server-free pubsub ( and nearly code-free )

02. December 2016 2016 0

Author: Ed Anderson

Editors: Evan Mouzakitis, Brian O’Rourke

Intro

This article will introduce you to creating serverless PubSub microservices by building a simple Slack based word counting service.

Lambda Overview

These PubSub microservices are AWS Lambda based. Lambda is a service that does not require you to manage servers in order to run code. The high level overview is that you define events ( called triggers ) that will cause a packaging of your code ( called a function ) to be invoked. Inside your package ( aka function ), a specific function within a file ( called a handler ) will be called.

If you’re feeling a bit confused by overloaded terminology, you are not alone. For now, here’s the short list:

Lambda term  Common Name Description
Trigger AWS Service Component that invokes Lambda
Function software package Group of files needed to run code (includes libraries)
Handler file.function in your package The filename/function name to execute

 

There are many different types of triggers ( S3, API Gateway, Kinesis streams, and more). See this page for a complete list. Lambdas run in the context of a specific IAM Role. This means that, in addition to features provided by your language of choice ( python, nodejs, java, scala ), you can call from your Lambda to other AWS Services ( like DynamoDB ).

Intro to the PubSub Microservices

These microservices, once built, will count words typed into Slack. The services are:

  1. The first service splits up the user-input into individual words and:
    • increments the counter for each word
    • supplies a response to the user showing the current count of any seen words
    • triggers functions 2 and 3 which execute concurrently
  2. The second service also splits up the user-input into individual words and:
    • adds a count of 10 to each of those words
  3. The third service logs the input it receives.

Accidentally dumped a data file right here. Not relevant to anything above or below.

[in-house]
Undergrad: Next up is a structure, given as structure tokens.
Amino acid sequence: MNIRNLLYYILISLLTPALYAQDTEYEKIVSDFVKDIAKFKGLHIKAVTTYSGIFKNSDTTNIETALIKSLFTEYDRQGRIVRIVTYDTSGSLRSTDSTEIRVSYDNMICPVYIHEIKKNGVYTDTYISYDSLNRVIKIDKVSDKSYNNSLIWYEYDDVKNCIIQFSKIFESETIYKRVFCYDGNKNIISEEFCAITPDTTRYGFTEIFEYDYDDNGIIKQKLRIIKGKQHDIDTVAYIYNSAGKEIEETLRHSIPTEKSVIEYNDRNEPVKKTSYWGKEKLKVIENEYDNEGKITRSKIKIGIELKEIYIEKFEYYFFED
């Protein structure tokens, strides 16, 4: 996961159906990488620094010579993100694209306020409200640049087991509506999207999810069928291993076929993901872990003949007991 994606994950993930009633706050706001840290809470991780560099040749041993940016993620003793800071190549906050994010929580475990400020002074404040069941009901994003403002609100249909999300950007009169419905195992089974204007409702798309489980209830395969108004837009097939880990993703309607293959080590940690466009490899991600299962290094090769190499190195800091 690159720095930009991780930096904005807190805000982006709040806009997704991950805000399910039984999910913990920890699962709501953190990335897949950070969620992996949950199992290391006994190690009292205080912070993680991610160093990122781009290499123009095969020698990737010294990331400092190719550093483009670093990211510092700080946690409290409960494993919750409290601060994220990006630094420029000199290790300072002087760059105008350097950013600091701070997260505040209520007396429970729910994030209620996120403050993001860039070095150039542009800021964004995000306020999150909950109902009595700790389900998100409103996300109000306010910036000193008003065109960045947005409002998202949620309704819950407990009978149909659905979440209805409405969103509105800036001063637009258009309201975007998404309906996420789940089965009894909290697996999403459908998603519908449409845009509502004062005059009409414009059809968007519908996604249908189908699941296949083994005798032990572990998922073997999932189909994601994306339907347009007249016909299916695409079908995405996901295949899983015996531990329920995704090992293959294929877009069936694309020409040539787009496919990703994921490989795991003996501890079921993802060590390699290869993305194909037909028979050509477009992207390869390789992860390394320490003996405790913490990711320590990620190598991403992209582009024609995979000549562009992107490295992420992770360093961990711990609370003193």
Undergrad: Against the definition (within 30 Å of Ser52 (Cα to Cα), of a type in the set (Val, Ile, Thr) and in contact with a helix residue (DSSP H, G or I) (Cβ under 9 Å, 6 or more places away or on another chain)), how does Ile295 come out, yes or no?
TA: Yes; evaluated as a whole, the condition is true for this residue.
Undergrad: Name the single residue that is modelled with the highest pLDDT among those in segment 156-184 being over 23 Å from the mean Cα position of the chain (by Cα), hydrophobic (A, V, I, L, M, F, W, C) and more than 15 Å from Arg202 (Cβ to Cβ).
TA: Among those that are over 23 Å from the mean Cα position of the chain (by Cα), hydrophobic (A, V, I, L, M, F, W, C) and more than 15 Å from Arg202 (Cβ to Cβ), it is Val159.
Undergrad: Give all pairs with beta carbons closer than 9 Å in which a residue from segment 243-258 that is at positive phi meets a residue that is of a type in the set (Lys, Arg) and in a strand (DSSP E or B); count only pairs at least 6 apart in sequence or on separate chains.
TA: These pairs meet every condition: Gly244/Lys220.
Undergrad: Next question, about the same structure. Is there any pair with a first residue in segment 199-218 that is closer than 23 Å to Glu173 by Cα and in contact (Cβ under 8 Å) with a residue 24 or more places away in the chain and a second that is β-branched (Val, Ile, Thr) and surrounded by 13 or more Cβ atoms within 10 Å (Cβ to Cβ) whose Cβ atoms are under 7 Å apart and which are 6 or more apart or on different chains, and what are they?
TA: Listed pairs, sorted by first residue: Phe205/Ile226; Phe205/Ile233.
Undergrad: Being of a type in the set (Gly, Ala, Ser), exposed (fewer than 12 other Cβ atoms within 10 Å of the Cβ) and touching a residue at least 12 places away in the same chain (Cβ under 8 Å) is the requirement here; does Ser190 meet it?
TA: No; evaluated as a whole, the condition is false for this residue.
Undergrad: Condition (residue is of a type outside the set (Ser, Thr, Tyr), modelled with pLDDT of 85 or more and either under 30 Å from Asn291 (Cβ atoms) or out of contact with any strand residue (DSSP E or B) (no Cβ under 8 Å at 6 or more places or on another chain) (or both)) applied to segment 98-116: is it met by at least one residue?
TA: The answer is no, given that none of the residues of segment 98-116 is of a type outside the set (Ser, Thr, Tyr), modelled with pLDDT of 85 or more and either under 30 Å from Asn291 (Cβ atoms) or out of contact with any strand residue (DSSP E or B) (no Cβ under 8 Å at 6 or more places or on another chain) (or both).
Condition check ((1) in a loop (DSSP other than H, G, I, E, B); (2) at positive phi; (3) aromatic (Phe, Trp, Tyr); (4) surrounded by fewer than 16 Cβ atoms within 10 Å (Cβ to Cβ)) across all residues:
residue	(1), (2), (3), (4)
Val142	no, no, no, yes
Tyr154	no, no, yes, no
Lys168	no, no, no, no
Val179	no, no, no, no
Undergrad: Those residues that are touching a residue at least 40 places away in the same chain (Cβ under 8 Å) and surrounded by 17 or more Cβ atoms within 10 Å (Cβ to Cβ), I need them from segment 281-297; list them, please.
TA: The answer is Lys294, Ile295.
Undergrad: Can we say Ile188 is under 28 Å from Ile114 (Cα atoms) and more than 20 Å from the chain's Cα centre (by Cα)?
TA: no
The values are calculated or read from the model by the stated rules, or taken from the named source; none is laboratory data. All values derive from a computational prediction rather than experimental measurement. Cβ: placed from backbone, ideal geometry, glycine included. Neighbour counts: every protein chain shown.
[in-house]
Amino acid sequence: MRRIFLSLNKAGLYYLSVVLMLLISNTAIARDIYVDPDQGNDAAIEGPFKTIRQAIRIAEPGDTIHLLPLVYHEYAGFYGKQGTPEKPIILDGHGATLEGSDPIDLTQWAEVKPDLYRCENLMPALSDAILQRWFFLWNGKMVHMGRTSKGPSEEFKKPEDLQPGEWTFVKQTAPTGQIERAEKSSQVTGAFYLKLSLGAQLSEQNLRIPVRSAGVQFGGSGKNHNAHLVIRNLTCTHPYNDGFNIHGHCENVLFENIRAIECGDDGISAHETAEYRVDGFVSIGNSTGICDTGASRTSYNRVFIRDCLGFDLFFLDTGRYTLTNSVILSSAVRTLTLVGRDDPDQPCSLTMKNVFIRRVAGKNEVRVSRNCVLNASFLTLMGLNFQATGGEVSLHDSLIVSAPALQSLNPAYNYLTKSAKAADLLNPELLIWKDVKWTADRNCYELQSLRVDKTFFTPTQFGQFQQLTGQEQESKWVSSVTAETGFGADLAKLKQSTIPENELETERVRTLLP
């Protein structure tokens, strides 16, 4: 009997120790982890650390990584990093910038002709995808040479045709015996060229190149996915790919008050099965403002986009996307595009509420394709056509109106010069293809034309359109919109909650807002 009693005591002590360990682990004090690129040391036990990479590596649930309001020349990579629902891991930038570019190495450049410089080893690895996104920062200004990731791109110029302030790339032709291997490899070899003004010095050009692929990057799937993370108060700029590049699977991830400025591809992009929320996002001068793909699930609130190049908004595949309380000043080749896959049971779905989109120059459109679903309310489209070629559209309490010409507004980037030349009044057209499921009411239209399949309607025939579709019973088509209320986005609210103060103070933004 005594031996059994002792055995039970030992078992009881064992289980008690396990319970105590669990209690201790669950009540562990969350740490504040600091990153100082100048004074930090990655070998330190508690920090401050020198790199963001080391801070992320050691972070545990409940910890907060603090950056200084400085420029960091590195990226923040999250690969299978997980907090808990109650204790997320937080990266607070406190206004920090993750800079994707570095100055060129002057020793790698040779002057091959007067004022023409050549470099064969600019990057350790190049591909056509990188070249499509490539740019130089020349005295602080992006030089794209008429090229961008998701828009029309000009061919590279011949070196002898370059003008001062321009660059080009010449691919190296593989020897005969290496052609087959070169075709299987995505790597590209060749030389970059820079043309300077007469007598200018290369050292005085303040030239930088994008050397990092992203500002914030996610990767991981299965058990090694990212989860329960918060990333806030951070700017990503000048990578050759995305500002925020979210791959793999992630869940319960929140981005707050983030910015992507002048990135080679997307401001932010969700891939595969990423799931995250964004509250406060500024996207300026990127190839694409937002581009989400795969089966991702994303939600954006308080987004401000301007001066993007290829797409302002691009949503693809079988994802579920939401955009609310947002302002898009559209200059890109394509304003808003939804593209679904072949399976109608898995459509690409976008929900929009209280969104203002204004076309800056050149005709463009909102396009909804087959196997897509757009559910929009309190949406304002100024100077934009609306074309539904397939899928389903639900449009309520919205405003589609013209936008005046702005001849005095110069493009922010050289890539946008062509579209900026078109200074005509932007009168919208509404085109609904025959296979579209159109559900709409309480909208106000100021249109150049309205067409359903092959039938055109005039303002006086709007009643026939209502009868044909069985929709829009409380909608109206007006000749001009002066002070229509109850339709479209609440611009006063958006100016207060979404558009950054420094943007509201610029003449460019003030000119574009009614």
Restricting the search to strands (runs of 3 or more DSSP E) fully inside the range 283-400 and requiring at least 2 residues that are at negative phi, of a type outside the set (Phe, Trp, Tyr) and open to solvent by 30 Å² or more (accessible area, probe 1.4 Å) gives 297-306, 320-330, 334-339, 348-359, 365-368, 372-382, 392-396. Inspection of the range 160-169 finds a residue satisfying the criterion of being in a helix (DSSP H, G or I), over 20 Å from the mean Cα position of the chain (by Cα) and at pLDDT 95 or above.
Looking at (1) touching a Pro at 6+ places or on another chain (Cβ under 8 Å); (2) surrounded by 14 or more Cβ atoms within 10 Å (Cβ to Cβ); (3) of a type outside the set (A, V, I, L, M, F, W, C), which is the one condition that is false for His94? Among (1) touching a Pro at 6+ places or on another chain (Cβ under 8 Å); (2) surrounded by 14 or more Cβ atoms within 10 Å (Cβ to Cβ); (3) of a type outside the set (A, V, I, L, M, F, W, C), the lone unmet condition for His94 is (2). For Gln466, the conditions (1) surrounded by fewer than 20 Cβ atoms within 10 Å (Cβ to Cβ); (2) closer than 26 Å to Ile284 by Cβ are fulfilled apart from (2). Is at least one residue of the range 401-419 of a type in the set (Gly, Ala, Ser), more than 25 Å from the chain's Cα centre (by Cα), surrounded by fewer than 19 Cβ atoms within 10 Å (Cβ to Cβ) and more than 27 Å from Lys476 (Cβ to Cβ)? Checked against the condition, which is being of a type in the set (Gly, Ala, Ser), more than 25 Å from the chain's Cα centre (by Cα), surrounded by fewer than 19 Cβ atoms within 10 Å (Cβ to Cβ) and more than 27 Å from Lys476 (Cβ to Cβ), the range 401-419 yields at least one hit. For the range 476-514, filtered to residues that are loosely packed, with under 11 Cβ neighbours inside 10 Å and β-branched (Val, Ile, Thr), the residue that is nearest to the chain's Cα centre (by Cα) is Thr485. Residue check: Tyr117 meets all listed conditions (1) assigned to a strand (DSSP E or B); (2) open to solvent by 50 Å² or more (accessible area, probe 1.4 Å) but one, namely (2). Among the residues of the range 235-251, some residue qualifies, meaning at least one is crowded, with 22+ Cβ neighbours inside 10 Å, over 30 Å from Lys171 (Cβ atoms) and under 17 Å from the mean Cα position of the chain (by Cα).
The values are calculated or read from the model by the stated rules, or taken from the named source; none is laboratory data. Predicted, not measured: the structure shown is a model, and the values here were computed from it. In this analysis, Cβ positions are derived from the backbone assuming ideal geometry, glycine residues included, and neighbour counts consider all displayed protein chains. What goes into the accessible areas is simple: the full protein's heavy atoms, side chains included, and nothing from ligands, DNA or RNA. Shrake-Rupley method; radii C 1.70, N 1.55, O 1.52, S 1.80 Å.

While you might not have a specific need for a word counter, the concepts demonstrated here can be applied elsewhere. For example, you may have a project where you need to run several things in series, or perhaps you have a single event that needs to trigger concurrent workflows.

For example:

  • Concurrent workflows triggered by a single event:
    • New user joins org, and needs accounts created in several systems
    • Website user is interested in a specific topic, and you want to curate additional content to present to the user
    • There is a software outage, and you need to update several systems ( statuspage, nagios, etc ) at the same time
    • Website clicks need to be tracked in a system used by Operations, and a different system used by Analytics
  • Serial workflows triggered by a single event:
    • New user needs a Google account created, then that Google account needs to be given permission to access another system integrated with Google auth.
    • A new version of software needs to be packaged, then deployed, then activated –
    • Cup is inserted to a coffee machine, then the coffee machine dispenses coffee into the cup

 

  • The API Gateway ( trigger ) will call a Lambda Function that will split whatever text it is given into specific words
    • Upsert a key in a DynamoDB table with the number 1